I'd be willing to put a reasonable amount of money at risk predicting that Apple will eventually ship something that's not an iPhone or iPad, which runs the full version of Mac OS X on the ARM architecture. Given how smooth (relatively speaking) the PPC-to-Intel transition went, it'd be a minor speed bump for most developers, not a major disaster. If you're already supporting PPC and Intel, then ARM is just a testing burden - you already need to code for big- and little-endian architectures, for example.

Given the Mac App Store, there's a lot less in the way of friction to just recompile something and put it out there, as opposed to trying to get boxes on retail shelves. Yes, third-party developers will complain, and so will users if they can't get whatever apps they depend on right away. Given that Macs already come with all the basics (email, web, music/video playback), probably 75% of typical users wouldn't even need to buy anything for an ARM Macbook Air to get plenty of use out of it.

Comment More like 6+, depending on what you count... (Score 3, Informative) 368

If you're willing to include software that was developed, but not released, there are:
    m68k (original NeXT hardware)
    i386 (NEXTSTEP for Intel processors)
    Motorola m88k (NeXT RISC Workstation - never released, but a working copy was at Apple when I worked there)
    PowerPC (Mac OS X Server 1.0, later developed into Mac OS X)

Significant bits of NeXT software were also ported to Intel i860 and DEC Alpha, but not enough of the OS to actually qualify as a "NEXTSTEP port"

Comment Enyo 2.0 is designed to be cross-platform (Score 1) 137

I'm not sure I'm understanding the question, here. Do you mean could it be included with Android? Absolutely - the license allows that, though I'm not sure what advantage shipping a version of Enyo with an Android distribution would be. It'd likely be out of date fairly rapidly.

If your question was more along the lines of "will Enyo apps run on Android", then the answer is it depends a bit on what version of Android - there are some significant bugs with some Android browsers That said, the intent is for Enyo 2.0 to be compatible with as many web browsers as possible.

Comment Re:Wow, have you ever read a book? (Score 1) 175

Yeah, the "adult is the murderer of the child' metaphor is fairly common in literature, but it's not something people use in everyday conversation, which is what the dialog in a movie supposedly represents. Like I said, even if Obi-wan is just trying to skirt around the truth, it really doesn't reflect well on him, or on the Jedi in general. Yes "your father is a mass-murderer who turned to the dark side of the force and now calls himself Darth Vader" wouldn't be a nice thing to hear, but keeping Luke's parentage a secret from him is leaving him open to be pretty badly blindsided in the future.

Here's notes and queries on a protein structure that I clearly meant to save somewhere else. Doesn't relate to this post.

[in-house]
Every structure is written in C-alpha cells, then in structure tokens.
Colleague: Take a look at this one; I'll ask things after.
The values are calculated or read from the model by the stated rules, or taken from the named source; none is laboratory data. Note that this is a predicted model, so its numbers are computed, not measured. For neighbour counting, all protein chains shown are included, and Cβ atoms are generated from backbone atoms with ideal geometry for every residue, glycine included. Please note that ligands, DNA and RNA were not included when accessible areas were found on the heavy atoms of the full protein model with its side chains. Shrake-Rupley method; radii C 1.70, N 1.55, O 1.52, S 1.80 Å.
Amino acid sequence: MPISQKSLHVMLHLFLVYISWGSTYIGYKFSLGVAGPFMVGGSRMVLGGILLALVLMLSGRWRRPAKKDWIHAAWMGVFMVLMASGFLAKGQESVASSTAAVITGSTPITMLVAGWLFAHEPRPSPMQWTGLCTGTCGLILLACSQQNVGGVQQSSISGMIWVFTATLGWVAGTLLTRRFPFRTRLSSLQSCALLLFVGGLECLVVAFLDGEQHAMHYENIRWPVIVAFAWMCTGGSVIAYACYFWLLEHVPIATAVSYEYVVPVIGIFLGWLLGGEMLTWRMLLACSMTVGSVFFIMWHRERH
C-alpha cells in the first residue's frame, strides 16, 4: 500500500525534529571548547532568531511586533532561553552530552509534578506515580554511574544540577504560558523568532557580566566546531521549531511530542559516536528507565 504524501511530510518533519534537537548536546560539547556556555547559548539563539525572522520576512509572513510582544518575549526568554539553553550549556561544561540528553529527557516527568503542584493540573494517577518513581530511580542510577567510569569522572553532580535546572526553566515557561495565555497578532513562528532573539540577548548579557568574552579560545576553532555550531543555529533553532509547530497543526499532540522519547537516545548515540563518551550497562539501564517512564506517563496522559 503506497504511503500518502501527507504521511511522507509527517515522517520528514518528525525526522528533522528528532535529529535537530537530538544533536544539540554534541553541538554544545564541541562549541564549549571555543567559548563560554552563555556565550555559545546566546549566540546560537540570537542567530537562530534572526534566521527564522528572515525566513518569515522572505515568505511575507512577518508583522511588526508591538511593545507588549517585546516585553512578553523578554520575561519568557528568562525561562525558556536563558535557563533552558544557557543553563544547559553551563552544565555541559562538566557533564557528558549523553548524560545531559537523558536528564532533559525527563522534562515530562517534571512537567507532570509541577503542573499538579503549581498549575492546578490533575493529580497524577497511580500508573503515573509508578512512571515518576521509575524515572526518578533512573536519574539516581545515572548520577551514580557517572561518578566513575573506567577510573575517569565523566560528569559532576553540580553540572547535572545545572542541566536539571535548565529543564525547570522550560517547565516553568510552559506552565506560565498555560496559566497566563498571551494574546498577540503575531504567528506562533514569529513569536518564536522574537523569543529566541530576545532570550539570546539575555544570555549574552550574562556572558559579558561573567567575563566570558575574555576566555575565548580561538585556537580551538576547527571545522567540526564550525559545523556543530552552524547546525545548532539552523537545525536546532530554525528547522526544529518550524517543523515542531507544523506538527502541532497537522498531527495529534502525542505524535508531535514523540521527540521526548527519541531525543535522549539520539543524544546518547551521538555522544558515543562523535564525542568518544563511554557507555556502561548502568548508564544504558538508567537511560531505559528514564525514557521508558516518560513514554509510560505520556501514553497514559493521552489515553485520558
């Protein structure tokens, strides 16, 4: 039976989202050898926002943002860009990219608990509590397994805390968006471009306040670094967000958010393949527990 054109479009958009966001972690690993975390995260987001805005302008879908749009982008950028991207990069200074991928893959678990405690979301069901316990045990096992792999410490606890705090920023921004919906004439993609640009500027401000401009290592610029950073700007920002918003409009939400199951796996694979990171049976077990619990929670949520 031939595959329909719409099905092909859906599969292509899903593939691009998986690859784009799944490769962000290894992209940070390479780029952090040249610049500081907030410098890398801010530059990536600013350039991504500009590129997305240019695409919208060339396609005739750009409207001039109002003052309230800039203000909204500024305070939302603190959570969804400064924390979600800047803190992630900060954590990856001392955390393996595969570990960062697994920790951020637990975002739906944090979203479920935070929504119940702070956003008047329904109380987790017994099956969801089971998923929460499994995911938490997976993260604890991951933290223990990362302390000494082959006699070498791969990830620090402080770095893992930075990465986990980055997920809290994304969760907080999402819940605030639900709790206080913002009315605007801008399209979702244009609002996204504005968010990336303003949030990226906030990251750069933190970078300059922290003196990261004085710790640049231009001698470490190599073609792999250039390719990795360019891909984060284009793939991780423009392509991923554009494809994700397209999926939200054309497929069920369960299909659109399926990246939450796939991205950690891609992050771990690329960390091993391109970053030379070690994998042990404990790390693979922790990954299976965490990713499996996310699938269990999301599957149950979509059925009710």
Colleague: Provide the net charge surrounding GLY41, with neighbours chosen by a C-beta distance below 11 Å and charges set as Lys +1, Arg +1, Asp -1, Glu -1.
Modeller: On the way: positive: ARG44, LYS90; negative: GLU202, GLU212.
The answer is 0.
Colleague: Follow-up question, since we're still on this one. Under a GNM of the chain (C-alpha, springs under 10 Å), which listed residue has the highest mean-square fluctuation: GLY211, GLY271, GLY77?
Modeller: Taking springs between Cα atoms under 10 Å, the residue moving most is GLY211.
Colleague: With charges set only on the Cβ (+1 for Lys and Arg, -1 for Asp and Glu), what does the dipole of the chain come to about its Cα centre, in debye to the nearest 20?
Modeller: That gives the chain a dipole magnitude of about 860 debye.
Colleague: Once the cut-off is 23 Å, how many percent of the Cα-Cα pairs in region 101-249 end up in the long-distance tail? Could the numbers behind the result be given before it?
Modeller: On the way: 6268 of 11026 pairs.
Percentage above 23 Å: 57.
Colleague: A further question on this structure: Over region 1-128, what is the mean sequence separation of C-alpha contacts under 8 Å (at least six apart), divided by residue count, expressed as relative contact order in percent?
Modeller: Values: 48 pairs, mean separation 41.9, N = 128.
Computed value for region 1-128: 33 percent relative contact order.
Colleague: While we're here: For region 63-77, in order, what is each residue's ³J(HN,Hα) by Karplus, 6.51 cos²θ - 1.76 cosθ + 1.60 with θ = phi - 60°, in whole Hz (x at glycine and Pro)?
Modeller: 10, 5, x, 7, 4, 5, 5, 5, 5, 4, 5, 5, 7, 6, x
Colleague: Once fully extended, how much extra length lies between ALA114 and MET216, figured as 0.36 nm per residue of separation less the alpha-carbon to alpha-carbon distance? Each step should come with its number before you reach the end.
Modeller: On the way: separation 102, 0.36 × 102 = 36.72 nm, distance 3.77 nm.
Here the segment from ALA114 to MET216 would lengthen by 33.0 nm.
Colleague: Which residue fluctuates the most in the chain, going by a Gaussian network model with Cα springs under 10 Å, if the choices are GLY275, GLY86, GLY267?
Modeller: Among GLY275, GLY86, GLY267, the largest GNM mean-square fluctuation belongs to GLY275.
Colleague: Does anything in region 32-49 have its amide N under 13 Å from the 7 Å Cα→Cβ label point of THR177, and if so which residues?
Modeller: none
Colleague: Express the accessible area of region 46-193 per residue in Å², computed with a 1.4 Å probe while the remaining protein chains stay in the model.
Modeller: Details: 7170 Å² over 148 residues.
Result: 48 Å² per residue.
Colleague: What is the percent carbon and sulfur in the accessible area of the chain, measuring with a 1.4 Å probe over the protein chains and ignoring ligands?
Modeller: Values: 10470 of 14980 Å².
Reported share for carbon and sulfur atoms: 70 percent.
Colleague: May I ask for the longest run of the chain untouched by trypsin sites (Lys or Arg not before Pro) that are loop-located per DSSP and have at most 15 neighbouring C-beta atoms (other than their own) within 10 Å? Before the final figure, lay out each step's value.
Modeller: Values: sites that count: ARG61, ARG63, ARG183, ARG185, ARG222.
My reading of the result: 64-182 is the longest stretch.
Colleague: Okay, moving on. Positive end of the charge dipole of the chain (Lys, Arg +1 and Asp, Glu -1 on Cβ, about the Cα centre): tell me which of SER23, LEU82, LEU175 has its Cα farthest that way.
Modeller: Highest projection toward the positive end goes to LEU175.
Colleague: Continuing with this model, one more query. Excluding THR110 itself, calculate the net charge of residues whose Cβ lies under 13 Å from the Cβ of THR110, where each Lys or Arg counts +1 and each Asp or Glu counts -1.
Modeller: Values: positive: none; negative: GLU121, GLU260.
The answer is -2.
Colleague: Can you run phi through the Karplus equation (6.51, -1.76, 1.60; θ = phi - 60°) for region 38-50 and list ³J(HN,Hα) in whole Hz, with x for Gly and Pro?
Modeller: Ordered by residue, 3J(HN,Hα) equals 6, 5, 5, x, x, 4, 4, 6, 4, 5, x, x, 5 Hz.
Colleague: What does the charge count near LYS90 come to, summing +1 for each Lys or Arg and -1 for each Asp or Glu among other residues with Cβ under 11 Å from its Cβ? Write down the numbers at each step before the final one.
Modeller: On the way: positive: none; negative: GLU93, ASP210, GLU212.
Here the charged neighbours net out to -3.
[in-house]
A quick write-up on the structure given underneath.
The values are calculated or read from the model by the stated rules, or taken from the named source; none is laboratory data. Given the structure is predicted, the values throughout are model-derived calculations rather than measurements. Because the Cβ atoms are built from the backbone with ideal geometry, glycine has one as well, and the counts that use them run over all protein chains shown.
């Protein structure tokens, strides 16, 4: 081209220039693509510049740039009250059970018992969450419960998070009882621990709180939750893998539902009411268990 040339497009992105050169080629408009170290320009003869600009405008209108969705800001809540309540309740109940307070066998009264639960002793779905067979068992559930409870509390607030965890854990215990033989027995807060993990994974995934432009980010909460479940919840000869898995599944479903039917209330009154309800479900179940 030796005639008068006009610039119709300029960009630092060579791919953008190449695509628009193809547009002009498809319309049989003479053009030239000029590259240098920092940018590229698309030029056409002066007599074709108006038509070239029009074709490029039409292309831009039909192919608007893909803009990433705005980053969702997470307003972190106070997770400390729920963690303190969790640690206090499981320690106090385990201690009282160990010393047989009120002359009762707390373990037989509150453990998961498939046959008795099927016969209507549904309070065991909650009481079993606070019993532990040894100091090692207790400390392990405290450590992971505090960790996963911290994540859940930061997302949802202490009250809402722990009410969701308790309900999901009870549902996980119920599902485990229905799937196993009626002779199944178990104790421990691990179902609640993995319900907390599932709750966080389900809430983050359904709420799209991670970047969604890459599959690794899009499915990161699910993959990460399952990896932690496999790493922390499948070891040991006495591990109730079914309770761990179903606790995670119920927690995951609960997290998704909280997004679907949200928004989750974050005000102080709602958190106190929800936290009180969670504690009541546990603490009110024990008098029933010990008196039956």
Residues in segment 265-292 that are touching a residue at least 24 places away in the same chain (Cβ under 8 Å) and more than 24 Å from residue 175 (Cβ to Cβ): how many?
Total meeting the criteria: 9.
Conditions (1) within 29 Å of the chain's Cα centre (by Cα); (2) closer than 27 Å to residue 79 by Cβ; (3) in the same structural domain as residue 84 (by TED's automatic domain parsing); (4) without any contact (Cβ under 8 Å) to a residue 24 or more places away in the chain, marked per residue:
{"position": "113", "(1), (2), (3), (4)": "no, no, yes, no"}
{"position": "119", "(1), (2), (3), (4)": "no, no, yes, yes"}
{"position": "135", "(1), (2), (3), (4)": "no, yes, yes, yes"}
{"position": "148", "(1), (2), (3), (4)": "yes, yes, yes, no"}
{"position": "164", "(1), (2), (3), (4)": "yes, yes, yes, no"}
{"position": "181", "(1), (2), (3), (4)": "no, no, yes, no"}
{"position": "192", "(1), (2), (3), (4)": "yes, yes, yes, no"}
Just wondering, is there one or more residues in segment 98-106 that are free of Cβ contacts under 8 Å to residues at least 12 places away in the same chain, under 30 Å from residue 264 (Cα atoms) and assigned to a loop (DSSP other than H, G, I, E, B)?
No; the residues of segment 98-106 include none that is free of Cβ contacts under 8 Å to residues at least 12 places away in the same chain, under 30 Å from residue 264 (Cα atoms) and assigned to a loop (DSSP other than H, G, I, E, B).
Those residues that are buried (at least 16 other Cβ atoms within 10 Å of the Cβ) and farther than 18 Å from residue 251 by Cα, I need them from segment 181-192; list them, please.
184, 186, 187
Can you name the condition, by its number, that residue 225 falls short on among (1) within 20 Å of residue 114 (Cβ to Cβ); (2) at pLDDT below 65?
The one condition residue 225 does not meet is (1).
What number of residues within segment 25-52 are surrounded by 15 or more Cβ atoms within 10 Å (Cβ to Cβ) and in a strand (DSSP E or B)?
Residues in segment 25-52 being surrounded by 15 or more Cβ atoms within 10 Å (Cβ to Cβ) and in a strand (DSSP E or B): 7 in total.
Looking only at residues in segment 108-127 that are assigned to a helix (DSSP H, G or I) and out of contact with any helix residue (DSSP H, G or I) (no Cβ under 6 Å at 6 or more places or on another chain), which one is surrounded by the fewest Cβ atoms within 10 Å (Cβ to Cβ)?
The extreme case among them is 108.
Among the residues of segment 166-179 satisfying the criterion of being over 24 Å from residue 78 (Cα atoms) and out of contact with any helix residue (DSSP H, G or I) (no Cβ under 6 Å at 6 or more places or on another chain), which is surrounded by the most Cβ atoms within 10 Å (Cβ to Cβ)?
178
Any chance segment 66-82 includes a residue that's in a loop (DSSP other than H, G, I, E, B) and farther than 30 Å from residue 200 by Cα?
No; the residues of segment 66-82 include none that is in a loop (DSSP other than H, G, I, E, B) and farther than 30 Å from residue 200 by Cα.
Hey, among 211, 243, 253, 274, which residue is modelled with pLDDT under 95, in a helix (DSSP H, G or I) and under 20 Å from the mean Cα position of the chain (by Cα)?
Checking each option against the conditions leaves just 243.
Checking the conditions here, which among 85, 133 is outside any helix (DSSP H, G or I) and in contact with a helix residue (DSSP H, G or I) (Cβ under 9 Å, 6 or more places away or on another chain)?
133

The twin sister bit is also easily explained, Leia shows no signs of being a Jedi, Luke does. It isn't until the expanded universe that sorce sensitivity in Leia is ever mentioned let alone developed as her being nearly as powerful.

Not that it's particularly relevant, but that's simply not correct. Here's what the ghost of Obi-wan has to say about Leia in Episode VI, after Luke figures out that she's his sister:

She hasn't been trained in the ways of the
Jedi the way you have, Luke ... but the Force
is strong with her, as it is with all of your

Anyway, like I said, these are relatively minor nots compared to the problems trying to tie the prequels and the originals together (for example, nearly everything Obi-wan says to Luke in episode IV makes no sense taken in the context of the prequels), but it's pretty clear that the original movie was written as a stand-alone, and the plot twists in later movies were not planned for in the original.

Comment Inconsistencies between IV and V (Score 1) 175

The most obvious problem is that in Episode IV, Darth Vader killed Luke's Father. In Episode V, it's "revealed" that Darth is Luke's father. It's not "impossible" to reconcile, but Obi-wan saying "what I told you was true, from a certain point of view", is an obvious attempt to wallpaper over this inconsistency. Best case, it just makes Obi-wan look like a liar and untrustworthy.

Another issue comes up when Obi-wan's ghost and Yoda are discussing Luke's running off to save his friends at Cloud City:
Yoda: Told you I did. Reckless is he. Now, matters are worse.
Obi-Wan: That boy is our last hope.
Yoda: No. There is another.

Seriously? Obi-wan doesn't remember that Luke has a twin sister?

Anyway, those are just off the top of my head. Nothing like the horrible plot holes ewhen you try to connect the prequels with the original movies, but not great for movies that were made one after the other, a couple of years apart.

Comment The problem is the cost of the batteries (Score 1) 503

Swapping out Li-Ion batteries isn't like swapping out propane tanks. The value of a propane tank is basically $0, plus the cost of the propane. The cost structure on the batteries is exactly the opposite - the charge is essentially free, but the batteries cost thousands of dollars.

In order for battery-swapping to make sense, the same entity has to own all of the batteries, or there needs to be careful tracking and accounting for wear and tear on each battery. Otherwise, there's an economic incentive to cheat.